The answer lies in a bit of self-awareness. We need to first start understanding the underlying emotions that we’re feeling. This could be feeling frustrated, upset, annoyed, angry, fed up, lonely or just stressed. Once you’re able to identify the feeling itself, learn to accept it.

Acceptance is a key ingredient here yet again. Understand that first and foremost, the feeling is temporary. It will pass. You will get through it. Maybe not immediately, but eventually. We tend to overlook that fact when we’re in the crux of things.

Just try and take a step back and look at things from the bigger picture. You’re learning. You’re growing. The experience will help you evolve. What you should do instead, is find actionable steps to overcome the issue.

Complaining doesn’t bring you any closer to the solution. Focus on finding ways to deal with the problem or to even just understanding it better, you’ll be amazed by how much easier life can be.

The power of gratitude

Remember, energy follows focus. Which means that our power lies in our ability to focus. When we’re able to channel our focus onto our blessings and what’s working well in our lives, we start directing energy into our potential and abundance.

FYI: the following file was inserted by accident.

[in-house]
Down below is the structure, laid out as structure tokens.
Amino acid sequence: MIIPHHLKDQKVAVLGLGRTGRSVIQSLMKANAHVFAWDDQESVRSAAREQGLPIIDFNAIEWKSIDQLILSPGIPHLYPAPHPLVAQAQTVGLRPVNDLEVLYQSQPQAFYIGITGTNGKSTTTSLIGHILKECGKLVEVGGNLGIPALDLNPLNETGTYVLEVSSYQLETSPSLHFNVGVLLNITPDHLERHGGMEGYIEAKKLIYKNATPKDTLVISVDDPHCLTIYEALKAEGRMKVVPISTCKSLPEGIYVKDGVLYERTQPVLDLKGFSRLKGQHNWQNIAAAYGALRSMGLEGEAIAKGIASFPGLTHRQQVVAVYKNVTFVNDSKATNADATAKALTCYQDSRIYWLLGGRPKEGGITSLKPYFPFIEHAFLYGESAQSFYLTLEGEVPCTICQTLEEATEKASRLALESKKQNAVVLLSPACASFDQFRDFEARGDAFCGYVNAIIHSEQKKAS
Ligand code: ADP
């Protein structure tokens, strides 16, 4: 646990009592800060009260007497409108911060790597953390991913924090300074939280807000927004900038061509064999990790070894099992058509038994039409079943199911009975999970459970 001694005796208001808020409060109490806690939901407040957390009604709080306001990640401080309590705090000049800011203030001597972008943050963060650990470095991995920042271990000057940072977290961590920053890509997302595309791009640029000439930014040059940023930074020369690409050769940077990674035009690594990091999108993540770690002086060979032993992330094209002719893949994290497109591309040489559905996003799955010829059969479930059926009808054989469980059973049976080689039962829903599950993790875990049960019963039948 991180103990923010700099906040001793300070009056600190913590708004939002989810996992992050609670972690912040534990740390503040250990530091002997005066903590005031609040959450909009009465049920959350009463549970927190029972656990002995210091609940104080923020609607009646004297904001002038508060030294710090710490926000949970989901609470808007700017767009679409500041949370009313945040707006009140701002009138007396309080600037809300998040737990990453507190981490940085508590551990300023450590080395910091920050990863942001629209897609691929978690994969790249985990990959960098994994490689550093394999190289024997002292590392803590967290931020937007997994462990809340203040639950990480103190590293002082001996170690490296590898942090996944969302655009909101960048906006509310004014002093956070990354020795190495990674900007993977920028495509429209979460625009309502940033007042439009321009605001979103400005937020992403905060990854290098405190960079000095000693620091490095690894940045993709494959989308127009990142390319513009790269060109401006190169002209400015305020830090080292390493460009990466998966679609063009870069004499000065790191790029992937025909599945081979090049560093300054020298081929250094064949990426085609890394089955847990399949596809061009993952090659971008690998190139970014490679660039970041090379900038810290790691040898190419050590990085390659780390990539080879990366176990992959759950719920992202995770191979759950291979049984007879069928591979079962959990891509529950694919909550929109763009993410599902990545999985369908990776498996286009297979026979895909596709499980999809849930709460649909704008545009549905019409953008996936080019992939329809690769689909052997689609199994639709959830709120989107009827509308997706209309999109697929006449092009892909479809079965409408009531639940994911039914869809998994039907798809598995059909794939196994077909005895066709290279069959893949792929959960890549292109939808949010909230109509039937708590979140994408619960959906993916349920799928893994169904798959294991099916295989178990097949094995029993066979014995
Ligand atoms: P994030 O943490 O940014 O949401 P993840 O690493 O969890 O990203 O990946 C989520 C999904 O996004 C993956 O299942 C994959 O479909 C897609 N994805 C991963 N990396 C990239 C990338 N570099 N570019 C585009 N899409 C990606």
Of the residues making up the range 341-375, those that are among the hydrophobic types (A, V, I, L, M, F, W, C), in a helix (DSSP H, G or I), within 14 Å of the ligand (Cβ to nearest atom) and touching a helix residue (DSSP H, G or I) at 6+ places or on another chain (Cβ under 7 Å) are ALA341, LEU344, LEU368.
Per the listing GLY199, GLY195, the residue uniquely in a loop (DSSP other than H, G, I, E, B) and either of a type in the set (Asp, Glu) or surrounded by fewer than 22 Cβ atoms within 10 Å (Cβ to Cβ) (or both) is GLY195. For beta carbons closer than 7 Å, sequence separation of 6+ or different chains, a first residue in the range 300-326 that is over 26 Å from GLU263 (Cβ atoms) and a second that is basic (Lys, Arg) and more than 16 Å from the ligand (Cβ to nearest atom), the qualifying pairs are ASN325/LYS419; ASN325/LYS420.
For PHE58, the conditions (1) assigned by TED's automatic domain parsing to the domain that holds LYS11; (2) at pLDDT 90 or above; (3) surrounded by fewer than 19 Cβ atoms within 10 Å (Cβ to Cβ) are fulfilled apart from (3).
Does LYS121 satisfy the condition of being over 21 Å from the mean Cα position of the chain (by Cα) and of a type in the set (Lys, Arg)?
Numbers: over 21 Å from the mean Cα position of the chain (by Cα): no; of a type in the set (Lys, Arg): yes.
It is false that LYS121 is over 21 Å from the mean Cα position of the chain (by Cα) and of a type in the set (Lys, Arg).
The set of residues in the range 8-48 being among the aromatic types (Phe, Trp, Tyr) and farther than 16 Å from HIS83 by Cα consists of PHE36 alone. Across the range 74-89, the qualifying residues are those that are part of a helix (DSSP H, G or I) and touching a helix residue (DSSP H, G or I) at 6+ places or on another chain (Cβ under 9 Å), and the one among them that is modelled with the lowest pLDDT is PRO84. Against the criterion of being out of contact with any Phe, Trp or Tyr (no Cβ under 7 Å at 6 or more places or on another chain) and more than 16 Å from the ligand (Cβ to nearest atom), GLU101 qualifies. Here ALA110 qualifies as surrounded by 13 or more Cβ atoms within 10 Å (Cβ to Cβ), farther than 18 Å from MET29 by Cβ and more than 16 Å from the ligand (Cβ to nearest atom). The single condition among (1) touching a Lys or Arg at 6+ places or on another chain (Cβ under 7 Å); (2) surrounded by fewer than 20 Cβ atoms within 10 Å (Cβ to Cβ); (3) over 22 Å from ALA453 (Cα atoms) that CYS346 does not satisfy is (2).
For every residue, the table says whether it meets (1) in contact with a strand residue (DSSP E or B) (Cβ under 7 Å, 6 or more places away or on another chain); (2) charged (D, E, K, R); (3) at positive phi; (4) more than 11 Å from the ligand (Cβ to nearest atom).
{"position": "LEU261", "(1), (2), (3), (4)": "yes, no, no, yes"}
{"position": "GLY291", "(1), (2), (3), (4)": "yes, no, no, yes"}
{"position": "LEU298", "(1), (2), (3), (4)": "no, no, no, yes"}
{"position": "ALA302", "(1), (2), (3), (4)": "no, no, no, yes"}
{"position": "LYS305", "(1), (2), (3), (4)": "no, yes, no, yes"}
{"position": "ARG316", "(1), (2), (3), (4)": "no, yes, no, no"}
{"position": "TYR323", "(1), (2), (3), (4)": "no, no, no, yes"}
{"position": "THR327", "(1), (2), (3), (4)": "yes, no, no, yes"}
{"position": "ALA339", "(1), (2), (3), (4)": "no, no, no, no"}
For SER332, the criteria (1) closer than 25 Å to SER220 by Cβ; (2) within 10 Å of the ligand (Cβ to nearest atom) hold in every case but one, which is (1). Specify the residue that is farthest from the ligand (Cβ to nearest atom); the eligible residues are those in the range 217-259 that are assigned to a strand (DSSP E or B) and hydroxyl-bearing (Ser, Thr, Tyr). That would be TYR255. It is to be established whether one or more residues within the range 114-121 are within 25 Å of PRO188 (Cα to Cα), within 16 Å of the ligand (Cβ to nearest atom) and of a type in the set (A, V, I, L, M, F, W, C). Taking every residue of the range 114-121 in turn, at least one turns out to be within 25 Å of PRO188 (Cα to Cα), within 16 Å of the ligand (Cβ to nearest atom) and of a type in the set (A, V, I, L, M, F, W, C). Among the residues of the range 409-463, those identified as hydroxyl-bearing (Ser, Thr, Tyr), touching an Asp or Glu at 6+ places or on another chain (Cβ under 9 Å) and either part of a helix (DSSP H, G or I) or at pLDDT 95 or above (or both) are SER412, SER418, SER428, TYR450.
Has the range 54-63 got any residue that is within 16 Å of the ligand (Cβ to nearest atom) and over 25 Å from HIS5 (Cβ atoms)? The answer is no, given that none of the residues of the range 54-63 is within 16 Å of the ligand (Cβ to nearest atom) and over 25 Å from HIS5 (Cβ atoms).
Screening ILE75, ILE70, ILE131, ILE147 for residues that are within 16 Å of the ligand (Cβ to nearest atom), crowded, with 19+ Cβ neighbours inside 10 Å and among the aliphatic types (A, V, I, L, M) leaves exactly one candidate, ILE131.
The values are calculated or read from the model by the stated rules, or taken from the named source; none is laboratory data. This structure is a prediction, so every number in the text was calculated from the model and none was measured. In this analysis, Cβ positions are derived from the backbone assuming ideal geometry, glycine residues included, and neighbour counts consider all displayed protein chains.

Instead of complaining (or focusing on what isn’t going well), try and re-direct your thoughts into what is going well. This will have a profound impact on your mood, energy levels, motivation and ability to get things done.

Gratitude is the appreciation we experience in the present moment for something we’re blessed with. We’re all blessed immeasurably. You can never count all your blessings, but I suggest you try it out and write down a few things. Do this every morning before you start your day and you’ll immediately start experiencing life a little differently.

After a while, you’ll start appreciating the struggle. You’ll be able to handle the challenges life throws out you more readily. More than just that, you’ll be a lot more joyful and full of energy.

Helping other people

If all else fails when you’re trying to resist complaining, try helping out other people instead. More often than not, this will give you perspective into the problems other people are dealing with, which could help you empathise with them and see your own issues in a new light.

I don’t like to say ‘look at how much better off you are than other people’, because the point isn’t to undermine your own issues. The point is to understand that everyone has issues. Everyone is dealing with certain struggles.